SOUTHEAST SLIME CHASERS Young Alaskan fishery targets hagfish
>> Seals are
an important piece of the ecosystem and an incredibly important subsistence and cultural resource for coastal Alaskans.
SEALS VS. CLIMATE CHANGE
Seals: 1, climate change: 0, so far
Aaron Baldwin holds an enormous hagfish.
fishermen have been harvesting hagfish during the off season. The market value of a hagfish is for its skin, which buyers in southeast Asia purchase and turn into wallets, handbags, and even couches. “If you’ve ever seen anything that’s eel skin, the vast majority of eel skin is hagfish skin, if not all of it,” Baldwin says. Fish and Game scientists are studying hagfish populations in southeast Alaska in an effort to gather data and ensure the
fishery remains viable if it grows. Baldwin says that so far, the results show that there is a large population of hagfish in the region. The fishery could turn into an earning opportunity for fishermen looking to make some extra money during the off season, but harvesting hagfish comes with some downsides—like carrying the smelly fish on board and scrubbing the hull clean from slime. “It looks like a fishery that you really have to want to do,” Baldwin says.
RINGED SEALS AND BEARDED SEALS, which both use ice during the pupping season, were listed as “threatened” under the Endangered Species Act with the anticipation that a decrease in sea ice over the next century would cause the population to decline. Monitoring through 2016 shows that, so far, seals are doing well. “That was sort of counter to what people thought,” says Lori Quakenbush, a biologist who has been studying ice seals for three
decades. Quakenbush says she doesn’t know yet why the seal populations aren’t stressed and surmised that the decrease in ice cover through 2016 must be within the range of seals’ flexibility. “I think they’re probably more resilient and more flexible than we give them credit for,” she says. She noted that data collected during 2017 and 2018 have not yet been analyzed, and maximum winter sea ice during those years was the lowest on record. Seals are an important piece of the ecosystem and an incredibly important subsistence and cultural resource for coastal Alaskans. As such, the state’s Department of Fish and Game has been monitoring seal populations since the 1960s. “I think we’re lucky that we have a way to monitor, and we have data that goes way back. That’s pretty rare for Arctic marine mammal populations,” Quakenbush says. “So at this point we’re in pretty good shape for recognizing something different if it comes along.”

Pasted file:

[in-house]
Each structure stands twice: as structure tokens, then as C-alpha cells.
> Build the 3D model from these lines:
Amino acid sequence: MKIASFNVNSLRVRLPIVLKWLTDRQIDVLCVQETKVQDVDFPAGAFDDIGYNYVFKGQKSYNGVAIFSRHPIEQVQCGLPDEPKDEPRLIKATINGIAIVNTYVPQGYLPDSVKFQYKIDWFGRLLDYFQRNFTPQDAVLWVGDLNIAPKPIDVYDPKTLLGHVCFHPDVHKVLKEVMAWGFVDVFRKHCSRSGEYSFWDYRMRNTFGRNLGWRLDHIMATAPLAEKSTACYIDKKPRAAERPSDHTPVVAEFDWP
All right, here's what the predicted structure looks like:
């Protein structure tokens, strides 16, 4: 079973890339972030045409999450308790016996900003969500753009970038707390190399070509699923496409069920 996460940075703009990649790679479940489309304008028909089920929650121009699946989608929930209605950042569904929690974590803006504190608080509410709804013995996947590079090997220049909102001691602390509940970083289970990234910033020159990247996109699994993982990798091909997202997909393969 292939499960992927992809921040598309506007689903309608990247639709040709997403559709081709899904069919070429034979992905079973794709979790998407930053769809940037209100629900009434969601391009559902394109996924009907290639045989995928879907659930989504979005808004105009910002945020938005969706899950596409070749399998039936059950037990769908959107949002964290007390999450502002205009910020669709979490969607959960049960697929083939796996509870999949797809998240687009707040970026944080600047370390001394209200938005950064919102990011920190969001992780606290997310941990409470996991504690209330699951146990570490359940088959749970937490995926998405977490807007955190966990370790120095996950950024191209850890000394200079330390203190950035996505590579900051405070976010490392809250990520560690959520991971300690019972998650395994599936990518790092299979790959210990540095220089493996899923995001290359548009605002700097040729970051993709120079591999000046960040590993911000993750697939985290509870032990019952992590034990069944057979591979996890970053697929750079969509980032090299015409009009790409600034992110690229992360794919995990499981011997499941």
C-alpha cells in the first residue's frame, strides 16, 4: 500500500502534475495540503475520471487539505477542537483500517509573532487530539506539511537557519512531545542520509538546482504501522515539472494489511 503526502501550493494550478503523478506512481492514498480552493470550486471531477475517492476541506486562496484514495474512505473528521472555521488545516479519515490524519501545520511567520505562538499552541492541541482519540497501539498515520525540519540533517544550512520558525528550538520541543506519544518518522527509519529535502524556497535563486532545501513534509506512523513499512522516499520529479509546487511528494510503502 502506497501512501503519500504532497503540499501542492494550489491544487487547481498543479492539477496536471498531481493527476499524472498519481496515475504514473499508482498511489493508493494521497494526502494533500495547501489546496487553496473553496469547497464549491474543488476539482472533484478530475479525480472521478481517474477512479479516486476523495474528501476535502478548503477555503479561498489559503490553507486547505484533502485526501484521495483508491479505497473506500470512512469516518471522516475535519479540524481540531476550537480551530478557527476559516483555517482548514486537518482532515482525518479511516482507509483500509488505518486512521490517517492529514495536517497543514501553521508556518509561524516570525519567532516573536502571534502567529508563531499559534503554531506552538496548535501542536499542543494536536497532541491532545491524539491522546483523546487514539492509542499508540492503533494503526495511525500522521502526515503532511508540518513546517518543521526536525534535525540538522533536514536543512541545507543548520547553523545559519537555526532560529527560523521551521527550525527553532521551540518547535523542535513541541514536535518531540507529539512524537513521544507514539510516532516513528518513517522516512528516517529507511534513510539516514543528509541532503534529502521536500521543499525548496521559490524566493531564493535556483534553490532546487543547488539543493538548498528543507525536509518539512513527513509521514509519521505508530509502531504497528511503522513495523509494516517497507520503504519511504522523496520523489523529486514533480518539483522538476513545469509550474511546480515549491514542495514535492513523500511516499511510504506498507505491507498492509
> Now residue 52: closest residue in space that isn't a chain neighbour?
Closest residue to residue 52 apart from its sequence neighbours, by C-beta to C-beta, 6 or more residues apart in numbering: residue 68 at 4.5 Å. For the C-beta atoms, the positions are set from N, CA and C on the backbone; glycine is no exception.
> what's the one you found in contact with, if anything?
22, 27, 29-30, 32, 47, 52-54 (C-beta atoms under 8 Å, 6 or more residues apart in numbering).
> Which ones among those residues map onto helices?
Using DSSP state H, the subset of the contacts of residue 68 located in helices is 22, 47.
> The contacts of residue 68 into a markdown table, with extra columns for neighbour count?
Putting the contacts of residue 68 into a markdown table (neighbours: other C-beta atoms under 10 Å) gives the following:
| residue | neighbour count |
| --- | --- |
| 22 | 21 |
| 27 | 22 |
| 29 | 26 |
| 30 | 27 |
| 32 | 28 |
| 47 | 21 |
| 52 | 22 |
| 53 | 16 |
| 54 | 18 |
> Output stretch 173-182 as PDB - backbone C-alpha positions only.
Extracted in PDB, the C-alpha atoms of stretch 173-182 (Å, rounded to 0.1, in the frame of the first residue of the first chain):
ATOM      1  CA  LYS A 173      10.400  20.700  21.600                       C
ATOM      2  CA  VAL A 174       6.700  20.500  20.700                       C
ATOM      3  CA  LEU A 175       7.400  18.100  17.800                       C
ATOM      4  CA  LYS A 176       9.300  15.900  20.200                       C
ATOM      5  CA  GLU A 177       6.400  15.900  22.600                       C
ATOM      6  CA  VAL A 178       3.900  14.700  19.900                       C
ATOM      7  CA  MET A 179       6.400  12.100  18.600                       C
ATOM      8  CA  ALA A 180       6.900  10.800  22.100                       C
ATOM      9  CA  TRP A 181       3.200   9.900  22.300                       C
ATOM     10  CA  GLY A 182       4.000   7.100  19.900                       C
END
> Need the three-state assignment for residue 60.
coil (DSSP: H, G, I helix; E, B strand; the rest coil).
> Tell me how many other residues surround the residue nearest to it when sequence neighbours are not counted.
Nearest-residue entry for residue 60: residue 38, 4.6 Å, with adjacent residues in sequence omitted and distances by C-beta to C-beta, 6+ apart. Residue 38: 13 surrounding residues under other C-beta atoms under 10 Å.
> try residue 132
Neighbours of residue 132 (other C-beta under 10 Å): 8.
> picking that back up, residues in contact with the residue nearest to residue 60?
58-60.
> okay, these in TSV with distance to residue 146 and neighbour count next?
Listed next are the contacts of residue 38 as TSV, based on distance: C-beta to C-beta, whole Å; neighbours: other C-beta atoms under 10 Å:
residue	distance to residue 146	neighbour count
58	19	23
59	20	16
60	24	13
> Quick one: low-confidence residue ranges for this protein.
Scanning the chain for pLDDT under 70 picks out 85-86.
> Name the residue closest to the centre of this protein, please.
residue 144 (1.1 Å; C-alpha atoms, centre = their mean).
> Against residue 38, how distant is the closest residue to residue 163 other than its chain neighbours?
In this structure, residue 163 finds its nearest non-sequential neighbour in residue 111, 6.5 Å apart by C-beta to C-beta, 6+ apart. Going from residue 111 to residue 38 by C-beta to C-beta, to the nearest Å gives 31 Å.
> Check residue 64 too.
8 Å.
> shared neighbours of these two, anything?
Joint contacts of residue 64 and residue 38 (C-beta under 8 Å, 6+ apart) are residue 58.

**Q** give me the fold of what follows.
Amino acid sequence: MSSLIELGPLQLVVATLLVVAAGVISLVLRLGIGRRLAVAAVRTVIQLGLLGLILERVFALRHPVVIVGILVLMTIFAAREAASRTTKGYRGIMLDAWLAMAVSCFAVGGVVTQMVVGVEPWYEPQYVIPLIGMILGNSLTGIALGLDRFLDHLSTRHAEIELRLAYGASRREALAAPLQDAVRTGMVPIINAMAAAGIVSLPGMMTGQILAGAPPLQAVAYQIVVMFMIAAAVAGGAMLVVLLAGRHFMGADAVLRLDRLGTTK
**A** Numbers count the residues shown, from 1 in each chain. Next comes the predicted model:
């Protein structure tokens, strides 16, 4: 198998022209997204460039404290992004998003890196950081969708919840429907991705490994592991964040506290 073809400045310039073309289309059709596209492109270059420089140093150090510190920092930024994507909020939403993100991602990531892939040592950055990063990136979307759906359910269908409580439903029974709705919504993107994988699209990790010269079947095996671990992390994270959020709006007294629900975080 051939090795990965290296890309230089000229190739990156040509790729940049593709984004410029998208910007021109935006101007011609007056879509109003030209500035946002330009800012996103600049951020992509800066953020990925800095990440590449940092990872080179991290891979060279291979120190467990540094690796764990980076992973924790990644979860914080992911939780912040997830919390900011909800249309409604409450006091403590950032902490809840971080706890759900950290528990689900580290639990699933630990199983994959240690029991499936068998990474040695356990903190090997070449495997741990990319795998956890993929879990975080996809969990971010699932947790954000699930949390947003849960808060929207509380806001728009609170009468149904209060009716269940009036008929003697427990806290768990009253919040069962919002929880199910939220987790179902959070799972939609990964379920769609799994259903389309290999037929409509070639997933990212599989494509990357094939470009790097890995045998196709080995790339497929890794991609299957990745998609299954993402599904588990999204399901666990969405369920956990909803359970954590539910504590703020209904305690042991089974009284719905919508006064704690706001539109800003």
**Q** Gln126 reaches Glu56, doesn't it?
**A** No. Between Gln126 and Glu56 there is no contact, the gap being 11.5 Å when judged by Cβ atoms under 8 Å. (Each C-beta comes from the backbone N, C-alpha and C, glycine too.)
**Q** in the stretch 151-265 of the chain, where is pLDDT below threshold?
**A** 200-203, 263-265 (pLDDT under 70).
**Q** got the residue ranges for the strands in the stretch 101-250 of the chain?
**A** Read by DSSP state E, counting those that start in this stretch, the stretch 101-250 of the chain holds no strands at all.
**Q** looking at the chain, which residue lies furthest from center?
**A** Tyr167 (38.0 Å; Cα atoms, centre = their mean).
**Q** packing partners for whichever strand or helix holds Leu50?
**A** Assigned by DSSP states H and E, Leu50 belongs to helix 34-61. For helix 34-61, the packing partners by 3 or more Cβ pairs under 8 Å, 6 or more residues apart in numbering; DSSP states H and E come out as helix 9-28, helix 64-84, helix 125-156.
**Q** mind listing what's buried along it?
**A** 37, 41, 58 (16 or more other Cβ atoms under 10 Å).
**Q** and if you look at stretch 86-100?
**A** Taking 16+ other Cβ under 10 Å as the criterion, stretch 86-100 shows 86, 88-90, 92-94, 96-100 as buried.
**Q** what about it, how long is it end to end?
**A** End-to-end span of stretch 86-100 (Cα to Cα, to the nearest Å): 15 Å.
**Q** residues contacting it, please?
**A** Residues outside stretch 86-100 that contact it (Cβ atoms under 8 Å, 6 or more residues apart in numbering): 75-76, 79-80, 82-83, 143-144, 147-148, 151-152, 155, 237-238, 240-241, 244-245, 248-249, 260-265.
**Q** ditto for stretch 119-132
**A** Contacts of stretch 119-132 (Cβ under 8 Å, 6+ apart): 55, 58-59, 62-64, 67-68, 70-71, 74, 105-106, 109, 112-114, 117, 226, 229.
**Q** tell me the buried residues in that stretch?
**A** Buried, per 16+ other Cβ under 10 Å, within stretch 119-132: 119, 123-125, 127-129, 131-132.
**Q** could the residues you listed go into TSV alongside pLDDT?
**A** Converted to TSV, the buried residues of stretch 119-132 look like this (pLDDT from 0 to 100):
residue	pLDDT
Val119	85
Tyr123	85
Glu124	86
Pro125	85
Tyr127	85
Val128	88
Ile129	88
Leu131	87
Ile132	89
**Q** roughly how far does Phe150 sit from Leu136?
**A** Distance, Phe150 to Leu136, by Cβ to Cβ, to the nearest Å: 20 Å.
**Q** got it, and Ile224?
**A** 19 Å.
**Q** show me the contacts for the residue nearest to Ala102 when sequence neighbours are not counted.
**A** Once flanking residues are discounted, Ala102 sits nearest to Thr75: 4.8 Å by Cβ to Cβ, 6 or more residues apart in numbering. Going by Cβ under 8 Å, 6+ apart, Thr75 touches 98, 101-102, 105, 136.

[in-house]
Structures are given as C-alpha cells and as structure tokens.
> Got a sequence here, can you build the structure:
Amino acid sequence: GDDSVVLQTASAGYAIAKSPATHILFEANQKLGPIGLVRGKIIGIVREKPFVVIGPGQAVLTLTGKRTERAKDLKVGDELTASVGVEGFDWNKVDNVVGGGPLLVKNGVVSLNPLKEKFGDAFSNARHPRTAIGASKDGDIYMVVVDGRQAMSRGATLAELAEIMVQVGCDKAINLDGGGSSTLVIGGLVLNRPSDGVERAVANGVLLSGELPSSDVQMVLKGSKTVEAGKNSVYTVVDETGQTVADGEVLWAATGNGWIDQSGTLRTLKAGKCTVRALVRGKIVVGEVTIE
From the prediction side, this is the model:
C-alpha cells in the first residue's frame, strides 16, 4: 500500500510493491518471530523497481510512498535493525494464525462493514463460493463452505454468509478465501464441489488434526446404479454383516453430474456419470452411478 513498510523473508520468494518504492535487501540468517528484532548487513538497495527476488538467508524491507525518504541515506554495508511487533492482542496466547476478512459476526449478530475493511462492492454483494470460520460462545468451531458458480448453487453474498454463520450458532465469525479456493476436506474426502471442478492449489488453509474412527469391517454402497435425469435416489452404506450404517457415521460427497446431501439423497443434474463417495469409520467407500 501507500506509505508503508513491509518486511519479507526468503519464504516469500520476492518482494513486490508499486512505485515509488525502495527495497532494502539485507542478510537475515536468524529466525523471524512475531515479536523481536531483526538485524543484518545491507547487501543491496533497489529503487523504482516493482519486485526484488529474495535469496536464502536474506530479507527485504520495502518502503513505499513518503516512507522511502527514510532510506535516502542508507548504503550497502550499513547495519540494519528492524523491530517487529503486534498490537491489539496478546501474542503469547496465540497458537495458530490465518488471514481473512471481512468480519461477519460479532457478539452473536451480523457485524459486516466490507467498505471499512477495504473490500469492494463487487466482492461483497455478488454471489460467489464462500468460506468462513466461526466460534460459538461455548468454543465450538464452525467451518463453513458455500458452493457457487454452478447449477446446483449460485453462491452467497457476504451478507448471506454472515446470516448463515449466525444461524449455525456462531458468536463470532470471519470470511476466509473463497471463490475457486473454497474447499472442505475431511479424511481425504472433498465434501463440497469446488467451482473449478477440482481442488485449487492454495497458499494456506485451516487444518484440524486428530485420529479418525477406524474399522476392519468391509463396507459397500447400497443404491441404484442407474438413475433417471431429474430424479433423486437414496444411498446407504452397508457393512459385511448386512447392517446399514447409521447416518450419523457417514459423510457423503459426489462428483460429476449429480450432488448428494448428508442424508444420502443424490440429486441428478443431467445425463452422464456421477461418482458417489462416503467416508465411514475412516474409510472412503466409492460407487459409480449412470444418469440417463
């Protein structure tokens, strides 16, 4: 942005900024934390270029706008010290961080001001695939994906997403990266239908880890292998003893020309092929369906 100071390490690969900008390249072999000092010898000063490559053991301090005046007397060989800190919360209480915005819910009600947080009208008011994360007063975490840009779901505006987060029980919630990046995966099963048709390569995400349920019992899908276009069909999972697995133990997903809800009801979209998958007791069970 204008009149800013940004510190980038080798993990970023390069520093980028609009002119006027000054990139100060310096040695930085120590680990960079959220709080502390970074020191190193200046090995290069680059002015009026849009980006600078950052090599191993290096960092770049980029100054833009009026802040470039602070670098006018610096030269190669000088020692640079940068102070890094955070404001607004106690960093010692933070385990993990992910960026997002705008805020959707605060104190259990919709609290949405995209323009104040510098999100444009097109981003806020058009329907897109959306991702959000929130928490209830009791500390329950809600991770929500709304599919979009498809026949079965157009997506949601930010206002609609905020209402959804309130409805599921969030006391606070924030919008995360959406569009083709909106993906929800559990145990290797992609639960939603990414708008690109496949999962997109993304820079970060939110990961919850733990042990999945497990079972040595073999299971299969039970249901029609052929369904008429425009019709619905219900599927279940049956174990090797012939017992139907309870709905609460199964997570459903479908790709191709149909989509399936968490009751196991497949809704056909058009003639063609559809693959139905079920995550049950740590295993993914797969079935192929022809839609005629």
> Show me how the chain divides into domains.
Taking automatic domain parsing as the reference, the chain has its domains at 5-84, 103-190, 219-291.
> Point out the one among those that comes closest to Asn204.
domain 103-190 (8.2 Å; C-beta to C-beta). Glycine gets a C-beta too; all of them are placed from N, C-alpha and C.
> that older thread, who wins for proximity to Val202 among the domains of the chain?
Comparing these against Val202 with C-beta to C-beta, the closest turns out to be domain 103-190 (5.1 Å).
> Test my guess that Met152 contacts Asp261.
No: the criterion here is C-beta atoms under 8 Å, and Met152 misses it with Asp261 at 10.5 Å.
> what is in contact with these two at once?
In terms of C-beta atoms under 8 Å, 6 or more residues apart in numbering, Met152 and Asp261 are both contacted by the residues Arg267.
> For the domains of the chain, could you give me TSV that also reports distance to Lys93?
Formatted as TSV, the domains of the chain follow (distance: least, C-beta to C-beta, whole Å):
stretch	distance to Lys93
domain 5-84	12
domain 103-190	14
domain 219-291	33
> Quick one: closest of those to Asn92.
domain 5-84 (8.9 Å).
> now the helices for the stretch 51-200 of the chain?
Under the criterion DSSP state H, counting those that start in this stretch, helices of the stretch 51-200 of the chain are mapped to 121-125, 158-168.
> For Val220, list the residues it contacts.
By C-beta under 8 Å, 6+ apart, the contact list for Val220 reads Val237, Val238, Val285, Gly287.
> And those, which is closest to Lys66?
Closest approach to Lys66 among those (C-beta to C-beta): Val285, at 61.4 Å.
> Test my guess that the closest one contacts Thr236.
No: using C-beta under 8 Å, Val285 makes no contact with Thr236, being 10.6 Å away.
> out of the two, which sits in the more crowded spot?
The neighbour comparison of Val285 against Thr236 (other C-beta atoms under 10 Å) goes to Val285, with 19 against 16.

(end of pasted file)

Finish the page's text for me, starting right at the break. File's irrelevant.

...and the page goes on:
One of the best stops on the Alaska Marine Highway! Plan your adventure now! Whale Watching • Photography • Biking Beachcombing • Fine Dining Glacier Bay Day Cruise • Hiking Local Trails Fishing for Halibut and Salmon Sea Kayaking • Art Galleries
EXPLORE MORE AT: GUSTAVUSAK.COM
907-500-5143 24 26
(THIS PAGE) COURTESY BRANDI ADAMS (OPPOSITE PAGE) JOHN GOMES, COURTESY THE ALASKA ZOO
HAGFISH ARE ABOUT AS APPEALING as their name implies. These ocean dwelling, eel lookalikes average about 25 inches long, scavenge whale carcasses and other marine detritus, and produce copious amounts of white slime. Now they’re also the target of a fledgling Alaskan fishery. A hagfish fishery already exists along the west coast of the contiguous United States and there’s been interest in harvesting hagfish in southeast Alaska for decades, says Alaska Fish and Game biologist Aaron Baldwin, but until 2016 no one successfully harvested the animals and took them to market. For the last few years, however, a couple of southeast Alaskan
A L A S K A M A G A Z I N E . C O M JULY/AUGUST 2019
AKMMG_190700_Cache (Conflicted copy from Steven’s iMac on 2019-05-13).indd 24 AKMMG_190700_018-027.indd 24
5/14/19 6:10 PM 5/17/19 1:54 PM
Alaska Magazine July 2019